I turn now from Bertrand Russell to another giant of the 20th century who saw the futility and immorality of war and acted consistently with their beliefs, feelings and sense of faith–Martin Buber.
Very few of Allan Solomonow’s articles are as old as this, but what the Jewish philosopher wrote in William Zuckerman’s Jewish Newsletter in 1958 was reprinted and circulated in 1983 by Matt Jones and Wisdom Train.
I look forward to sharing this piece of wisdom and insight over the next few days, but I also want to preface myself.
I used to take great solace in the ideas and struggle of the early bi-national and cultural Zionists. Given the terribly militarist policies of the State of Israel, the merely learning about the existence of Judah Magnes, Henrietta Szold, the Yishuv, Martin Buber and Ahad Ha’am was a relief for me. But I stopped raising the issue of the more benign strands of early Jewish nationalism or Zionism. Maybe Buber’s piece will help me sort out my feelings and contradictions.
I am against nationalism and include Zionism in that negative class. If I put myself aside and see that nationalism exists regardless of my feelings, then I feel that Jewish nationalism is as fair as any other, and as unfair.
When religious primacy is added in, I want to consistently support those seeking liberation from states with official religions that mete out special privileges and punishments on that basis. Israel must not see itself as exempt from this problem. It moved me to see Buber speaking out about this in 1958!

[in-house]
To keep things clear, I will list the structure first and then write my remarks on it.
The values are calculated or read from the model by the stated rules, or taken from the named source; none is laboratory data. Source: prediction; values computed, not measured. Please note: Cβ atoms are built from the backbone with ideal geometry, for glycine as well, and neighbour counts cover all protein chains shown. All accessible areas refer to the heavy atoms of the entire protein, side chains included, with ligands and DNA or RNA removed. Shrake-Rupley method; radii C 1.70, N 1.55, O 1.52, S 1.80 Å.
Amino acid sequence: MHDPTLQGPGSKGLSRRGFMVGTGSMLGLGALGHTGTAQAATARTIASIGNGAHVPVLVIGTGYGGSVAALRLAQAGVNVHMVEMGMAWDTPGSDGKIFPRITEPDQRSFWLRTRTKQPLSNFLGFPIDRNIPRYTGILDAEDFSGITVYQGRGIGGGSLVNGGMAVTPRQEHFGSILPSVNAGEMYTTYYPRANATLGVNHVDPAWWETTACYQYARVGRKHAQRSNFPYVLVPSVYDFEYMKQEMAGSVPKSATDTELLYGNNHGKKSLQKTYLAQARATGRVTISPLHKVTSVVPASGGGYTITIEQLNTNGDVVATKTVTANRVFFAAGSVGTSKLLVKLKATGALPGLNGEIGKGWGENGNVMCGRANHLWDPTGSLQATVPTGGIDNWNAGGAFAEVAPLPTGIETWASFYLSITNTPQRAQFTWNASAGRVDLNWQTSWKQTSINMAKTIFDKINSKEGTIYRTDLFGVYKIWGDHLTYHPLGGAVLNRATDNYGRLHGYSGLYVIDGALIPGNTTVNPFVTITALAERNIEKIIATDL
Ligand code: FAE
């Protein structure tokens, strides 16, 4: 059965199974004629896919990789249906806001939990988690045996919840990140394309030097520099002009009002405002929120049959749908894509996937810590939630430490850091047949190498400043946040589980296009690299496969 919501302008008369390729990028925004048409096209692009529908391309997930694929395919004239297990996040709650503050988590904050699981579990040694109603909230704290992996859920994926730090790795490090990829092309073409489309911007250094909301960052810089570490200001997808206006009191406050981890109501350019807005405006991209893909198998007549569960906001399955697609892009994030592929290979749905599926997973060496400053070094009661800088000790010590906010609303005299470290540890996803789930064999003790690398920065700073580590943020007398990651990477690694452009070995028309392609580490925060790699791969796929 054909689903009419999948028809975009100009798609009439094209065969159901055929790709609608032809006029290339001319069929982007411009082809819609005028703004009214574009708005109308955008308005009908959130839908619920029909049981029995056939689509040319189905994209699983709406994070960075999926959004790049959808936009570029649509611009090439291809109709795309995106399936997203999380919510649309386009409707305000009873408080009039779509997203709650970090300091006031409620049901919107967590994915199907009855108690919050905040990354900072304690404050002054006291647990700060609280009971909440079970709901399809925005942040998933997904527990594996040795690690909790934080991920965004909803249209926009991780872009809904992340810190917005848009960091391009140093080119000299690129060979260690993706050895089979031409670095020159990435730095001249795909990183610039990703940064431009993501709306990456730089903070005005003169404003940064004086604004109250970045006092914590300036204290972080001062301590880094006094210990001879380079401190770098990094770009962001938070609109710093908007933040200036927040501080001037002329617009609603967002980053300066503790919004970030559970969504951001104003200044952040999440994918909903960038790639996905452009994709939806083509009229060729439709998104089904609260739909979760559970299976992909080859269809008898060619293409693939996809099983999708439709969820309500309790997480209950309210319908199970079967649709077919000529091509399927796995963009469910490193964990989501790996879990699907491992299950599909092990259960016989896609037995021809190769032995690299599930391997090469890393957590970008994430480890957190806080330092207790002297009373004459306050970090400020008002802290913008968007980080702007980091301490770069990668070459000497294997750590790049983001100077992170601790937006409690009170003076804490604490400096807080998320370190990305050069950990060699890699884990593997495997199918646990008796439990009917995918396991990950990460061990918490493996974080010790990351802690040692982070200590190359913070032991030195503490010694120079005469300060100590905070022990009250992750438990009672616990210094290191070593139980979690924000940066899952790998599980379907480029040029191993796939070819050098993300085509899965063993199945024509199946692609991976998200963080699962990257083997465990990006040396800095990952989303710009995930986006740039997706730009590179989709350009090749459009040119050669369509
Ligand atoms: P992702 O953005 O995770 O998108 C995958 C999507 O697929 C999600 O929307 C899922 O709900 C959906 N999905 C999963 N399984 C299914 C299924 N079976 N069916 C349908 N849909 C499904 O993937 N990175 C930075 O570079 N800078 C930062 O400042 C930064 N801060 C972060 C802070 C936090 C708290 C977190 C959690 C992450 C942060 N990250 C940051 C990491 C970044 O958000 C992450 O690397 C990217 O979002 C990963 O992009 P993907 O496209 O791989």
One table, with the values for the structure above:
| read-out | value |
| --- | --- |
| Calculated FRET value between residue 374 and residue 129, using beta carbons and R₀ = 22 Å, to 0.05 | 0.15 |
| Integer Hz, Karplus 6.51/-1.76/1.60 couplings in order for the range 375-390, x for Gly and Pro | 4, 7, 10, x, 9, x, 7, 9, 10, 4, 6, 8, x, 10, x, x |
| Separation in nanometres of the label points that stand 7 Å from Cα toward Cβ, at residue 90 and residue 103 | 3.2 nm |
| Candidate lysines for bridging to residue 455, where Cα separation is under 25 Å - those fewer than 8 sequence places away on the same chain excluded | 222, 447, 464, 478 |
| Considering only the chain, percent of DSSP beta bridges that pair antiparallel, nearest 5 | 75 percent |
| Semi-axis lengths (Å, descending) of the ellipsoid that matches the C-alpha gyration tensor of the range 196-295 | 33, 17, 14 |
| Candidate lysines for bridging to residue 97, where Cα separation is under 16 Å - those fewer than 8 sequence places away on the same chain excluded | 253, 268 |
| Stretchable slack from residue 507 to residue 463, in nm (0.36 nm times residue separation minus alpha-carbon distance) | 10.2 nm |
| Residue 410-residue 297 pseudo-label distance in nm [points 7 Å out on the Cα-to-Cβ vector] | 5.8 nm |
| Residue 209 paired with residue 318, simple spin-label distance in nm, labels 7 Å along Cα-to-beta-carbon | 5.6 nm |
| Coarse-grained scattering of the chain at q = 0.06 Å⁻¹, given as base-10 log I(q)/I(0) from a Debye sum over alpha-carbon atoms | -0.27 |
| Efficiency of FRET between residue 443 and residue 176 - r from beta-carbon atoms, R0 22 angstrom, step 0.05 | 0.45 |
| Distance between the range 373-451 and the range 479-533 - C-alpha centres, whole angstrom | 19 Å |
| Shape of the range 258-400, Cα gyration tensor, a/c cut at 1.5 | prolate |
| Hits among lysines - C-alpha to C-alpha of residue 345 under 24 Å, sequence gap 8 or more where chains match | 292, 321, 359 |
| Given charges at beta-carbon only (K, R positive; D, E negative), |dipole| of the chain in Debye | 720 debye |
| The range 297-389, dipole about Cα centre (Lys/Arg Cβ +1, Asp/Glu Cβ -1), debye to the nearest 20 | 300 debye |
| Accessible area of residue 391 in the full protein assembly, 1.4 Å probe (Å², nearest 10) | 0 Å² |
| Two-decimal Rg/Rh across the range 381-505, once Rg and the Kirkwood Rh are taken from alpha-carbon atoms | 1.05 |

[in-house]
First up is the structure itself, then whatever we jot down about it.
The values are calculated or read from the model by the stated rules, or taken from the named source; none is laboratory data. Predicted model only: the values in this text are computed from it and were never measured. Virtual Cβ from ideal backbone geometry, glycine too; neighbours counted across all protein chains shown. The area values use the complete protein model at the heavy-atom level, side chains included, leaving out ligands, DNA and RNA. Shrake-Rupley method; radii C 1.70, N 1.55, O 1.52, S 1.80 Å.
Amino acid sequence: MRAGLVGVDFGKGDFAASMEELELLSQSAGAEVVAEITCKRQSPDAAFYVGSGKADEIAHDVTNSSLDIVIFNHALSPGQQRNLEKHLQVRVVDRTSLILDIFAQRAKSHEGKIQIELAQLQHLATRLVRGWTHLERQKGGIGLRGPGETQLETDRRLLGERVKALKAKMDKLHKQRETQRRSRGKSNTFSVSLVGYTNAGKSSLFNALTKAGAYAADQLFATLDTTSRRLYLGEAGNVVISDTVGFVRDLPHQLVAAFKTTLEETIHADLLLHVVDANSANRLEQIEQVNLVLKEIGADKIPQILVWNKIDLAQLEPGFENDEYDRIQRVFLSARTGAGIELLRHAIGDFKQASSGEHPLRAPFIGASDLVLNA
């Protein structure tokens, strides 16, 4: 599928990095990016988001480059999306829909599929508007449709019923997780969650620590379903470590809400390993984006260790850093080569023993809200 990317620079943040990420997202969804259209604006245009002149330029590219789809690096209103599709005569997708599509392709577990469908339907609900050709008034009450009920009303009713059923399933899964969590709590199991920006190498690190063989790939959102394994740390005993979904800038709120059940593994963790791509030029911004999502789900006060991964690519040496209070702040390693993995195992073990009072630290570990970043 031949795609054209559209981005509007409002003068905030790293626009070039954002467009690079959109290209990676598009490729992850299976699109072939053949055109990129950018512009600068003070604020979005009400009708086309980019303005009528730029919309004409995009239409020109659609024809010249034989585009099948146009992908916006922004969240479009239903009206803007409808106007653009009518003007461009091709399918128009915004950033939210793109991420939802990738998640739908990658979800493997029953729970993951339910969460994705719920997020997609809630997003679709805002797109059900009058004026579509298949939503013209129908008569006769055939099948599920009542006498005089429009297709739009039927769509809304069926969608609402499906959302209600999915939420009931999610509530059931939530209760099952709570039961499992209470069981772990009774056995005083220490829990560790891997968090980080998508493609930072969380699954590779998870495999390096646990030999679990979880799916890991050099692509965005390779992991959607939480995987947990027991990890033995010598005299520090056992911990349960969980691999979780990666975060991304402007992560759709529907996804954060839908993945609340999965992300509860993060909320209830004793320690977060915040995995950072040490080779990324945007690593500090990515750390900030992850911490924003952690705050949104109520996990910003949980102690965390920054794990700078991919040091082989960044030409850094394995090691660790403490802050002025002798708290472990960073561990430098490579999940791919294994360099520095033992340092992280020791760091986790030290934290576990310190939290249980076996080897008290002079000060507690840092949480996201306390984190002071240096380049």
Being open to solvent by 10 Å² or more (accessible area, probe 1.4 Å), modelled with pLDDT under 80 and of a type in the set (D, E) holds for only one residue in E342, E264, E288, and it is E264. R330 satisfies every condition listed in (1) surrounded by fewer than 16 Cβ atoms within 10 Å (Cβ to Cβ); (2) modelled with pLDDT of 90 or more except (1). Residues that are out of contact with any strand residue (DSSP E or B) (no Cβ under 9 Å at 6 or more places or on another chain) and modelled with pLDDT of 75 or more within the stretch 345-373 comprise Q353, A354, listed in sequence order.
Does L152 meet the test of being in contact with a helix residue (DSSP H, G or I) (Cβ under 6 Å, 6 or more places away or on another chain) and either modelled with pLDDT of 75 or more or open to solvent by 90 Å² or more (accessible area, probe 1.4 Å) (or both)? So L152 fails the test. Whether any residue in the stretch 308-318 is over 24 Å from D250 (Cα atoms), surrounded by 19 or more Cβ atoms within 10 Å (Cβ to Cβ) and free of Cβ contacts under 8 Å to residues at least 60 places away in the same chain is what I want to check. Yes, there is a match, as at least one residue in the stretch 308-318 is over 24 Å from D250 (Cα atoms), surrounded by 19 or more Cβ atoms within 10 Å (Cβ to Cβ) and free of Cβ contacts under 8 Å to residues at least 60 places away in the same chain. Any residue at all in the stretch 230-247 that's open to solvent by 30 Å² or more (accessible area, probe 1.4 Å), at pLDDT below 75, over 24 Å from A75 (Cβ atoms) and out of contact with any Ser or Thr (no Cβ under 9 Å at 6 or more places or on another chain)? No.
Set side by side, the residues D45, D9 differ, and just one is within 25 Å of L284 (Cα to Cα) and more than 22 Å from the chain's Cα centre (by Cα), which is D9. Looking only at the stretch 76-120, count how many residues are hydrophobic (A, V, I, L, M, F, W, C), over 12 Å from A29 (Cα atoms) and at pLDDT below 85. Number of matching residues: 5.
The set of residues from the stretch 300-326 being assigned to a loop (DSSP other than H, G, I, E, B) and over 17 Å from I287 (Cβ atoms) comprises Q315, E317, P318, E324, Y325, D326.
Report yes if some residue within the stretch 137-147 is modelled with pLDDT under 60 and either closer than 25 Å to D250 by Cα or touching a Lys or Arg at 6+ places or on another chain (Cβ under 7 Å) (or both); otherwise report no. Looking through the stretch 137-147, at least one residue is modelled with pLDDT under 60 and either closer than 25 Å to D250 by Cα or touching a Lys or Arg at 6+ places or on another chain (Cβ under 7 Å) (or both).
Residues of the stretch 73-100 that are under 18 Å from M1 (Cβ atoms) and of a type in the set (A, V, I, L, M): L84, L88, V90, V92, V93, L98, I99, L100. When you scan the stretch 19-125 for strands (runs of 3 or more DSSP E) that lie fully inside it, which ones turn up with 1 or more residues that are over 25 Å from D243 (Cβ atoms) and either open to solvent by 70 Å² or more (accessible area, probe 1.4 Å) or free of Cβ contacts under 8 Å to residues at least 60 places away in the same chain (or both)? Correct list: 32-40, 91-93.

My point really though, is that the existence of the early Zionists doesn’t seem that relevant anymore. They lost, as Buber notes. As a Jewish activist committed to ending the longstanding abuse and robbing of Palestinians by my people, I don’t mean to hold up these pioneers as a way of saying, “I’m with them. We’re not all bad!” I bring up this history because such ideas are vitally important and precious to extoll. Too few, but people DO stand up, and we must not act like it doesn’t happen.
We’re not the first to struggle, to want peace, to point out that the emperor has no clothes. We must harken back and act radically, from the roots, and that means tapping into the wisdom we want to channel and manifest in the world today, for a tomorrow that is different than the past, with more justice and peace.
So here is a bit of Martin Buber’s piece on Israel and Zionism from 1958.
“What I felt sixty years ago, when I joined the Zionist movement, is essentially what I feel today. I joined this national movement because it was not called Jewish nationalism but Zionism. Zion is not just a symbol of national power and national survival, but a great symbol of the fulfillment of a great Messianic hope of humanity. This is the hope of humanity in the process of becoming, of being born–a humanity consisting of many peoples with the people of Israel, as the Prophet Isaiah said, leading the other people, and with Zion as the center. This humanity must begin with one people living in justice and love with its neighbors, and the neighbors with their neighbors, and so forming a great humanity encompassing all of mankind [humanity -Jim]. I believed that this nationalism would not go the way of all the others–beginning with a great hope and then deteriorating, decaying, becoming collective egoism, even daring, like Mussolini, to call itself a sacro egoism, as if a collective egoism could be more sacred than the egoism of any individual.
In tomorrow’s segment, Buber talks of the connection of means and goals. In the third installment he has some strong words about the “effects of Hitlerism” on the on Jews, Zionism and Palestine. Finally, he pointed out the grave need for cooperation between Palestinians and Jews. -Jim